It has been my desire for a few years now to put a raingarden in the space in front of my home, where the runoff has been causing erosion. A few years ago, I attended a workshop by Metro Blooms, and dutifully called the gas company to make sure that we didn't blow up the place by digging. We found out that the gas line ran diagonally through the space where the garden would be, under the silver maple where we have almost full shade for part of the summer. These two obstacles combined were enough to stop me in my tracks for about two years. But with our early spring, my neighbor and I determined that we would do it now. We hired a friend of hers who is a gardener, and I'm thrilled that we now have a plan, and that the first stage of digging, percolation testing, and mulching is complete!
Now we just have to wait for it really to be warm enough to get the plants without worrying about them freezing; I'll go to Out Back Nursery in a few weeks for the perennial wildflowers. The concept for this shade garden is "forest floor" and here are the plants we are going to have.
For the shadiest spot, squill (Siberian scilla) are very hardy and are usually the first flowers I see bloom here in Minneapolis. Periwinkle is also hardy, grows well as a ground cover in the shade and has lovely flowers. Although some people complain that it can be invasive, from what I have read, we probably won't have to worry about it too much in this spot. We'll have a variety of low-growing plants with beautiful leaves: Wild geranium also has light purple blooms; Canadian Wild Ginger is another hardy low plant with glossy leaves.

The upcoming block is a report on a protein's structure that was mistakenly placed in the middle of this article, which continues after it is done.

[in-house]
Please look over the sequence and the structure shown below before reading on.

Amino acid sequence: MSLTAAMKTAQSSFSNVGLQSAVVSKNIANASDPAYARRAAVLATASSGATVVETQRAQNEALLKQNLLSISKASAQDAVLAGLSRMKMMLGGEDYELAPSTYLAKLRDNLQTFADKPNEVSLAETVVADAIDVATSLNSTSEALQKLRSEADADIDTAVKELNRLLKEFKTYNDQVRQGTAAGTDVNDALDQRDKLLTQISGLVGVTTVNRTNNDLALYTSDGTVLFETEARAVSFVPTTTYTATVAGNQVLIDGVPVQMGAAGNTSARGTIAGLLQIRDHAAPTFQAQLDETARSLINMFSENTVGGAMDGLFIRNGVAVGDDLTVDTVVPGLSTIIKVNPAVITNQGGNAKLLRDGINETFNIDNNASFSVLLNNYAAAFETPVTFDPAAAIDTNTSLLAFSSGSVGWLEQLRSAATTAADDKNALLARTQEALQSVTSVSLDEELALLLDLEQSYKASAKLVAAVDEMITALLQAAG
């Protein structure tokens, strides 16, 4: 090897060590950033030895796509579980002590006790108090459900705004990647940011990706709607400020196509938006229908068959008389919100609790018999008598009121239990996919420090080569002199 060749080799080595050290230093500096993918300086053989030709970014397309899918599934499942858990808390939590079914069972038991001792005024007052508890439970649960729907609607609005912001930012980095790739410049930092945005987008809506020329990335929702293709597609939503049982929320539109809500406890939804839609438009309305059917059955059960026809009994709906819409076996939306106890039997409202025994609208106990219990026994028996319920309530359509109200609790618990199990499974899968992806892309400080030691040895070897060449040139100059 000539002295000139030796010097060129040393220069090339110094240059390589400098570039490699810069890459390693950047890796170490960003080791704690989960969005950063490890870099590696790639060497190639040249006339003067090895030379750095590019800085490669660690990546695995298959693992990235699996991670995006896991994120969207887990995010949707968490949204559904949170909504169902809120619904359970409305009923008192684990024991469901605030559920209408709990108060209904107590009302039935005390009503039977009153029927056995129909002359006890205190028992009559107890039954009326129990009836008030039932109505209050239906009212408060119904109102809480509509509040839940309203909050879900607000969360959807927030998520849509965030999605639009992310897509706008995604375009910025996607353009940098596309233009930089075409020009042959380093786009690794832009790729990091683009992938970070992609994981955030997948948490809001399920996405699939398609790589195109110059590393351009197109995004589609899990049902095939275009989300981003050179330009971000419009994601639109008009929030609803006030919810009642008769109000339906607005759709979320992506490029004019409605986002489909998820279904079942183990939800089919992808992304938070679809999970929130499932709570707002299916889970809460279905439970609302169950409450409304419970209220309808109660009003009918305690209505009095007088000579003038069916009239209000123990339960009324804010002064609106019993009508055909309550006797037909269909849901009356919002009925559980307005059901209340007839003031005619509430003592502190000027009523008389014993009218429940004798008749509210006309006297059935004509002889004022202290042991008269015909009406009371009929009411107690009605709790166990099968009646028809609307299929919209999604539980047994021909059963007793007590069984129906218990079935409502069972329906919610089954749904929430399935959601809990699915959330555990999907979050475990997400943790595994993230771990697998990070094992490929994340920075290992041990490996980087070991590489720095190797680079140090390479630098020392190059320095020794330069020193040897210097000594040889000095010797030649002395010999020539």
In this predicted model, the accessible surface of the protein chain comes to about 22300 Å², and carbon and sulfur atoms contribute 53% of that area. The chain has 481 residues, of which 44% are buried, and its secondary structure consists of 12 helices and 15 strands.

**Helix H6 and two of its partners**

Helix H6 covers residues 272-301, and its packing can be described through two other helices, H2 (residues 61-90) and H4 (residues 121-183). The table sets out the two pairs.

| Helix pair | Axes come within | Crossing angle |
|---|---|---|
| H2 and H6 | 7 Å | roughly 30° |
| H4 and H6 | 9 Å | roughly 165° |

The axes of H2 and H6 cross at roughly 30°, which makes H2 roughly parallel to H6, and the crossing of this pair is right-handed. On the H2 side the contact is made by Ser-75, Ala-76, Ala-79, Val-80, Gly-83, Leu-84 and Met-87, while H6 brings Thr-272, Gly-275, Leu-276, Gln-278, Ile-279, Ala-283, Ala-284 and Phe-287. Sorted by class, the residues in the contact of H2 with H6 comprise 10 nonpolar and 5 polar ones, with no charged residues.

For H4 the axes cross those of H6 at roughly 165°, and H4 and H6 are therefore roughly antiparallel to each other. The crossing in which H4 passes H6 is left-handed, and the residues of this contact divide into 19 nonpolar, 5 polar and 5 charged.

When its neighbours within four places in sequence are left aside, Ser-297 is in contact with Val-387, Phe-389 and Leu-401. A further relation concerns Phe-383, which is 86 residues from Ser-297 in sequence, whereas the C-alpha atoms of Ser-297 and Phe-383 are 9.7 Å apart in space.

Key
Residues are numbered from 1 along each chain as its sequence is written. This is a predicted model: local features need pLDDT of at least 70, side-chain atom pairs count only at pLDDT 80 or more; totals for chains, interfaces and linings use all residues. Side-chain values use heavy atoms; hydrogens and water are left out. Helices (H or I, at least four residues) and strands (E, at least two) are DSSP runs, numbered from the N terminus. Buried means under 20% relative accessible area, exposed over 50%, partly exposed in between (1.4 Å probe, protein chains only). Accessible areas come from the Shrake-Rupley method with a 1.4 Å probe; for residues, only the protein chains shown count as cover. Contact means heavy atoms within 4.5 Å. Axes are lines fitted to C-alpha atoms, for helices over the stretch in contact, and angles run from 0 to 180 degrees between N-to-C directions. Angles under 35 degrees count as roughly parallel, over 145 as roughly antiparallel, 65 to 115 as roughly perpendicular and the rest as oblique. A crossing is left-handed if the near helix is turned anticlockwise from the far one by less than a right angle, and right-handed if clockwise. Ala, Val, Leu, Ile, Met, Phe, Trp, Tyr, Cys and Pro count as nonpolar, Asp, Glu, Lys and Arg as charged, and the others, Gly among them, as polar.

Pasqueflower is called "prairie crocus" and is state flower of South Dakota.
Jack-in-the-Pulpit grows well in the woods, and is a fascinating plant because what looks like the flower is actually a structure that protects the flower inside.
I know that Maidenhair Fern will grow well here because there used to be some out in back in a similarly shady spot before they got removed in a building project. We'll also have Sensitive Fern.
Some of the taller plants are Virginia Bluebells with its pink to blue flowers. Jacob's Ladder has medicinal properties, Solomon's Seal is supposed to have many healing properties. Another medicinal plant is Lungwort, or pulmonaria; it comes in a variety of colors. Snakeroot, or black cohosh of the variety known as "hillside black beauty," has dark foliage.
"Krossa Regal" Hosta (leaf texture described as "Glaucous Bloom") because it is one of the few hostas I like: big, big leaves and large, late-blooming flowers. I don't like the piddly little hostas that bloom early and leave dried out stalks all summer.